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Mihaela Manova is “Covering Climate Now” in Loveland, Ohio as an editor for Loveland Magazine
Today’s article concentrates on the beauty of the nature around us; even if we are currently staying in isolation. In Stephen McClanahan’s article, he reveals an entry about a beautiful variety of bird species and their complexities.
By Stephen McClanahan on May 22, 2020
Have you ever seen a more beautiful creature than a blue bird? The blue is beyond blue; this one moved into one of the nesting boxes in the yard and has just emerged to take flight.
Or how about this guy…a red-headed woodpecker? He has visited us for the past few days, so we are hoping there is a nest not far. His hood is the deepest of reds you can imagine.
Or several other amazing creatures of flight?
The Mallards above are nick-named Charles and Verna by our children when they were younger, they have been coming to our little back yard pond for years.
I am thinking either a red-tailed or red-shouldered hawk. (If someone knows better, please educate me.)
These winged creatures and many, many more, are all in one small corner of the earth. Jays, wrens, nuthatches, sparrows, hairy and downy woodpeckers, red-bellied woodpeckers, robins, cardinals, house finches, ruby-throated hummingbirds, grackles to name a few.
A barn swallow was out front late afternoon a few days ago; his darting and jerking and hair-pinned turns in flight left me wanting to break the chains of gravity and join him in his celebration of life. Watch them closely, sincerely and you come away amazed.
As they go about their daily rounds, you will see a host of creatures spending their time eating, nesting and much more. Their singing and chirping are nothing less than a concert playing of Spring from Vivaldi’s The Four Seasons. They will argue over something but settle it in minutes and move on (humans should be so fortunate). Up with the earliest rays of the sun, disappearing just before sunset, they move with the rhythm of the day.
How they manage to fly in, around, under, over, in-between leaves and branches and trees and each other is a feat of engineering to say the least. With the coming of spring, the gold finches morph from a dull to an almost fluorescent yellow – stunning! There is a cardinal nest just outside a window in one of bushes; these little creatures knew where and how to build a nest sheltered from the weather.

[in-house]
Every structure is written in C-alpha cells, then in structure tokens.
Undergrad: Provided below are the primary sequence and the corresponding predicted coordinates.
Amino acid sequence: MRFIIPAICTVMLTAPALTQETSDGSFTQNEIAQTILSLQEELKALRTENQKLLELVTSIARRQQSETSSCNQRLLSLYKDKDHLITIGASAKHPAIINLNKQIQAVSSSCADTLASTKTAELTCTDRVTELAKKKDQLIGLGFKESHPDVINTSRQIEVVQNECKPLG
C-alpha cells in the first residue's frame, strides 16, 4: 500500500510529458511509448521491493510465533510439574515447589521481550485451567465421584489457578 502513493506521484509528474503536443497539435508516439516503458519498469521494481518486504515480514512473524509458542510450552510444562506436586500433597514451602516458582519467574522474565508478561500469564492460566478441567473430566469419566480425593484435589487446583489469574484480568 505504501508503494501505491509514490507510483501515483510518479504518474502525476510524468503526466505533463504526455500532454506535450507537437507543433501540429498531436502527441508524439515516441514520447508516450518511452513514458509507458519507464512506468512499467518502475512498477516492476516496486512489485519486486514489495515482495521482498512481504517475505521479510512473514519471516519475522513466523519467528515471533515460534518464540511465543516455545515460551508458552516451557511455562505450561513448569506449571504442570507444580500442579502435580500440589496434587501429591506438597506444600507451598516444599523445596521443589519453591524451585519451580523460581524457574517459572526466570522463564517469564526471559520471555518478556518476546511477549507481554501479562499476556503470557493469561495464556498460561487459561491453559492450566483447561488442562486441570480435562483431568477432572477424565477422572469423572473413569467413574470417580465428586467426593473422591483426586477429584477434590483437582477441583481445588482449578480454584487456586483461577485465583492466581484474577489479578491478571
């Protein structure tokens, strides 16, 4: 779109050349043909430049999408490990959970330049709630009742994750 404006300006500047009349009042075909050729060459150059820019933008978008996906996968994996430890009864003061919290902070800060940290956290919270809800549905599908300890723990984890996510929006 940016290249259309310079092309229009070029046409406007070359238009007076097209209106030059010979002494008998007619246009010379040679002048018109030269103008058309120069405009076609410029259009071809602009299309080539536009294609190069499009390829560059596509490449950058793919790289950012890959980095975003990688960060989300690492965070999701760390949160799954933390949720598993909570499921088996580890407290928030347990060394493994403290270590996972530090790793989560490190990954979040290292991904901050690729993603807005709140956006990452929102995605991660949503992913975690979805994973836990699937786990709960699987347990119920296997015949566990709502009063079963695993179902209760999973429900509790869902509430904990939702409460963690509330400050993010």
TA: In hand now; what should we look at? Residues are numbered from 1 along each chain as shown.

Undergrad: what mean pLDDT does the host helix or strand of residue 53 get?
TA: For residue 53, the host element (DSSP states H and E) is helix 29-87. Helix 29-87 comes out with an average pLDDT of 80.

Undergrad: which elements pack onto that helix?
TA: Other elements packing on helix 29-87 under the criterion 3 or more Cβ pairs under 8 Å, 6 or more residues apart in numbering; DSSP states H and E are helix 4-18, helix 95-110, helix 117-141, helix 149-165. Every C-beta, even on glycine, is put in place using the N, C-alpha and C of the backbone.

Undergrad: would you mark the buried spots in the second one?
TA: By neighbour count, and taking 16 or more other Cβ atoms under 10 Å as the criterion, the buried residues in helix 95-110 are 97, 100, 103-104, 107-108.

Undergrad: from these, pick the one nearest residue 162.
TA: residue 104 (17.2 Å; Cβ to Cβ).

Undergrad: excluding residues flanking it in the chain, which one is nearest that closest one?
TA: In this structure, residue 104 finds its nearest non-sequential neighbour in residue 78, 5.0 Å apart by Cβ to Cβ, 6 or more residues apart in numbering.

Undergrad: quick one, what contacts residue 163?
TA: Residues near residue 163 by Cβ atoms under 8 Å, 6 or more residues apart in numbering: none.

Nature has somehow encoded this knowledge into their brain.
Nature has somehow encoded this knowledge into their brain. The female patiently laid and sat on her eggs for about 12 days or so and as of yesterday, there are 3-4 new cardinals in our world. The male and female are trading off time to feed and guard and keep warm their brood. When you approach too close to try to snap a photograph, she looks at you and you can tell what she is thinking: a step closer and you are dead, mister. The force is strong with them.
These are just a few of the rewards granted when you give nature a bit of space and time and peace. Several years ago, we began the task of converting a portion of the manicured back yard to its original form: a little wild place. Trees, bushes, ground covers, flowers, weeds and more. As it grows, other critters move in as well. Squirrels, chipmunks, rabbits, racoons, an occasional fox, deer, opossums. After an evening rain, the tree frogs serenade with such gusto, you laugh out loud which only eggs them on.
We are fortunate to live in Paxton Woods
We are fortunate to live in Paxton Woods; many neighboring homes have lots of mature trees. This provides more of a continuous suburban forest so essential to wildlife. Rather than being an island, our little patch of wild only adds to what is here.
Lessons learned from all this: nature will heal and rebound if given a fair chance. You must care enough to try. There is power in individual actions; there is greater power in the collective.
And while I was penning this short piece, the red-headed woodpecker visited again, as did a hawk, but the jays caused such a ruckus, it moved on to quieter hunting ground.